Why Swapping One Drug Addiction for a Different One Won’t Work

It is not uncommon for a person who is using drugs or alcohol to try to get clean by swapping one drug addiction for another. For example, a drinker may take up pot smoking or Xanax, or a heroin addict may take up drinking. While the addiction you are switching to may seem “better” or less harmful, it doesn’t mean that it is ok to do. When you are in recovery from any substance, it is important to learn how to live a sober lifestyle. In recovery, that means that you stay away from any and all mood-altering substances, from alcohol to weed and heroin and cocaine and everything in between.

Drug Addiction is Drug Addiction. Period.

In recovery, we have a word we use for people who don’t battle addiction, and that is “Normies”, aka normal people who can handle a beer or two now and then and don’t end up in treatment for it. When you are facing alcohol or drug addiction, it is important to recognize that the mold you are cut from is that of an addict. You are likely to struggle with addiction to any mood-altering substance you ingest, no matter how much you convince yourself that you can handle it.

You may have tried the tactic of swapping one addiction for another yourself. If you haven’t, trust us when we say it never ends well. Usually, what ends up happening is that a new addiction is born, and leads you right back to the original drug you were addicted to. You may even become addicted to both and use them simultaneously, which is especially dangerous. Mixing drugs is a huge no-no because it can easily lead to overdose and other complications.

Alcohol and drug addiction certainly happen over time, but it is also a result of bad habits and dependency. For example, you learn to cope with unpleasant feelings by using drugs or alcohol as a crutch. You may even be scared to stay sober and face things without the numbness of drugs and alcohol. Well, in treatment you are taught the opposite. You will be forced to make all of your feelings come to the surface, good or bad. When they do, you will be taught how to cope with them in healthy ways instead of reaching for drugs and alcohol, which is probably your body’s natural response at this point.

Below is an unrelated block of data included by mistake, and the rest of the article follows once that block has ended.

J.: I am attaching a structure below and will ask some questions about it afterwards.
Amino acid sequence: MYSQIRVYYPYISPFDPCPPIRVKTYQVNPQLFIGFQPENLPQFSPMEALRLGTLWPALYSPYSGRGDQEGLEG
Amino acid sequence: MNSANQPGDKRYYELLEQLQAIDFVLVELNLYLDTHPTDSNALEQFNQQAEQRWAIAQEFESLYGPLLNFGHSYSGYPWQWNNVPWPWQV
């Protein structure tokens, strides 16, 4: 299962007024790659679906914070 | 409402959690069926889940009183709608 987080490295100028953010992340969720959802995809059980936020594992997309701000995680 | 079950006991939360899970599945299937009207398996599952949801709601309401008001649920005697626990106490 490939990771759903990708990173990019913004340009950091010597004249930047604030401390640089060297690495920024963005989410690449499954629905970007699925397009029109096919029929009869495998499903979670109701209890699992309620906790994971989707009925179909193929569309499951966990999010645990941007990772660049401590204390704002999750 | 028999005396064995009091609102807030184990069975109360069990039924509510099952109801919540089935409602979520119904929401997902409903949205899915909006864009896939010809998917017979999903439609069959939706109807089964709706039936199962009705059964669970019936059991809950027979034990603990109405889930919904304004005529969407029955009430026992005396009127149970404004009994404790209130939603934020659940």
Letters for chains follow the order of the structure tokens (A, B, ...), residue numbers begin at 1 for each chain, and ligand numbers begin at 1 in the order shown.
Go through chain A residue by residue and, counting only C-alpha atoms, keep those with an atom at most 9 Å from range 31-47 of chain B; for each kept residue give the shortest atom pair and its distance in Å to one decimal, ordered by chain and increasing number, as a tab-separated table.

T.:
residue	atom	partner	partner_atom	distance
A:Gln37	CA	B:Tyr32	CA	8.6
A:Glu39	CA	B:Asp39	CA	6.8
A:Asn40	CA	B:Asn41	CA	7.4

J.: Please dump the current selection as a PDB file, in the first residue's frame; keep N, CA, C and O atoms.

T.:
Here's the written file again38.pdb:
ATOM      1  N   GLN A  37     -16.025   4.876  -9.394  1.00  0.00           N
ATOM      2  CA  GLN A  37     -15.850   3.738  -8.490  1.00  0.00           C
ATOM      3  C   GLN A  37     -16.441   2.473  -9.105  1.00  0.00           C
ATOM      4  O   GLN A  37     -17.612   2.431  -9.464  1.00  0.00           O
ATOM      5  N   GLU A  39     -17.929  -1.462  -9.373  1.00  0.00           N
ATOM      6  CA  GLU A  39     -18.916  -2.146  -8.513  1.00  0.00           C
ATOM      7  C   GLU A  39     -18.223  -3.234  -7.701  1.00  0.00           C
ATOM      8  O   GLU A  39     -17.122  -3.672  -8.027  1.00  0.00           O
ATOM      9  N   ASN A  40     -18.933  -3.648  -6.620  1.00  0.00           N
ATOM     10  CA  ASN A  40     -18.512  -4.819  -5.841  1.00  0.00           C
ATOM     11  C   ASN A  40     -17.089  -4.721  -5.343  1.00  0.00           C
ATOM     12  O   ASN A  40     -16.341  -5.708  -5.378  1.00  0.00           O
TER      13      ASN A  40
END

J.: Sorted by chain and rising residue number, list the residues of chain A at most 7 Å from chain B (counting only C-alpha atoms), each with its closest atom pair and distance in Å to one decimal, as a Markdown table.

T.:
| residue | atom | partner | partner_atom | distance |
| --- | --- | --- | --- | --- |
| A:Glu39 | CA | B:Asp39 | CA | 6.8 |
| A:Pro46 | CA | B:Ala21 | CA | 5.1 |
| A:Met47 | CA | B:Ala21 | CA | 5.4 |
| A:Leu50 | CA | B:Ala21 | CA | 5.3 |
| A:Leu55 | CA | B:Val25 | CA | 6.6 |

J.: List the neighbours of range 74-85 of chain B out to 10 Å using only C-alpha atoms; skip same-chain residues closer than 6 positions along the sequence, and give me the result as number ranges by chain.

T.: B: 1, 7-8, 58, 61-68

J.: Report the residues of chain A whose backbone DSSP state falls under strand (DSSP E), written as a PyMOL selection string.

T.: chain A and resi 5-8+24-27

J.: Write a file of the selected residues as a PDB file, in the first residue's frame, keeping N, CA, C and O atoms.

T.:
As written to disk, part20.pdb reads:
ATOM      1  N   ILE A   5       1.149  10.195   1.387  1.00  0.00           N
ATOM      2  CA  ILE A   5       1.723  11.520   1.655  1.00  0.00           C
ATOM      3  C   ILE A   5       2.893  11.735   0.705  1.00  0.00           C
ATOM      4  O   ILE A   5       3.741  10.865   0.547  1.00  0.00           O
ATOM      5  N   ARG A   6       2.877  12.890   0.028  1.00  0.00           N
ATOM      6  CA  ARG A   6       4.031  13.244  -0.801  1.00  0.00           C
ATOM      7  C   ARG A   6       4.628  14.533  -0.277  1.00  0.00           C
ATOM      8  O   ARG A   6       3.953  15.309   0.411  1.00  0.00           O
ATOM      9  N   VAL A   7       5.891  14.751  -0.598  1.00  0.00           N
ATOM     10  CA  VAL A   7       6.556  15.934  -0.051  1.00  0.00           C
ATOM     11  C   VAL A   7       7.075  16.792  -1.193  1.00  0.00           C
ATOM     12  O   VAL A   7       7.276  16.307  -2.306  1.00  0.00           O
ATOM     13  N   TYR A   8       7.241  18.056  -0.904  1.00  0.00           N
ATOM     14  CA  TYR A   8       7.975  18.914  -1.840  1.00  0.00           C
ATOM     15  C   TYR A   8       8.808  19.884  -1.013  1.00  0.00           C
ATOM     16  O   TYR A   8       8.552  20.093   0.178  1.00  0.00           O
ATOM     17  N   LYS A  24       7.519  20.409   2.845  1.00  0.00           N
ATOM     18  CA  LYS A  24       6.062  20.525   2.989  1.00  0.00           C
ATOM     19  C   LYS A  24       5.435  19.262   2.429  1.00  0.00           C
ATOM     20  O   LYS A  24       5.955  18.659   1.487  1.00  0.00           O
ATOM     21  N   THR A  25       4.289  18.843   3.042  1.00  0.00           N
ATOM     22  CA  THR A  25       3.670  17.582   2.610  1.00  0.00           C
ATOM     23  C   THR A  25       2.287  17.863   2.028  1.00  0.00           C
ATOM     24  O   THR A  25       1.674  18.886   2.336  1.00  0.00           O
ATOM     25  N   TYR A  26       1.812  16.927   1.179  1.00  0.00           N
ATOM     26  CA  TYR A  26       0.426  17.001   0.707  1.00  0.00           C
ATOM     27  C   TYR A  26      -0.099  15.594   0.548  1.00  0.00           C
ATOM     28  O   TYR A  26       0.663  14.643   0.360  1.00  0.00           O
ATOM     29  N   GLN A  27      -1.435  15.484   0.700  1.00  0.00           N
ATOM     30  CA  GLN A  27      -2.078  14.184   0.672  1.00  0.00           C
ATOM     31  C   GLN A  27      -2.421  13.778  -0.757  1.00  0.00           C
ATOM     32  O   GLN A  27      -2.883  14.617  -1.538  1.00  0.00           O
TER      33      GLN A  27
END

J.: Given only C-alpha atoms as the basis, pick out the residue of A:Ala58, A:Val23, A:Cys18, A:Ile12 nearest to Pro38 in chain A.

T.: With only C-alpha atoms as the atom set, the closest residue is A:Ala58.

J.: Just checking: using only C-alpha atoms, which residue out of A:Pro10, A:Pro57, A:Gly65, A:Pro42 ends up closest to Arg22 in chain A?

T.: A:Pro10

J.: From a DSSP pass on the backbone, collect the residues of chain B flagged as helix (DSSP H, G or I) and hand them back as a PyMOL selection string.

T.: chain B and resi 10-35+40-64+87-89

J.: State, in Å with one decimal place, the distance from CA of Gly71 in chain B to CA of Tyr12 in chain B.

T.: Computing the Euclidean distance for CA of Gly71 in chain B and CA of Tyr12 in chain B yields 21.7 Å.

Relearning Healthy Habits to Conquer Addiction

It is important to get it out of your head that it might be ok for you to take a substance other than the one you were originally addicted to. It simply isn’t worth it to indulge in any mood altering substance, because whatever it may be can easily lead you right back to the worst of your addiction. If you put work into quitting your drug of choice, why throw it all away?

In treatment for alcohol and drug addiction, you will be taught a healthy way to cope with everything life throws your way. You will have time to practice with your peers, doctors, and therapists, and once treatment is done it is up to you to engage your new healthy habits in real life.

There are plenty of things you can do to achieve relaxation that won’t promote drug addiction. You can find a new exercise routine you enjoy or a hobby that keeps you occupied. It is important that you keep looking for one that really makes you engage in it and live in the present moment. Otherwise, it won’t hold your attention. You can also make a habit of eating healthy, because good food will make you feel better and stronger, which will help prevent you from relapsing. Also, there are many (legal) herbal supplements and remedies you can take to relax, like a cup of chamomile tea to relax or melatonin to help you sleep at night. Whatever you do, stay away from other mood-altering substances to protect your sobriety.

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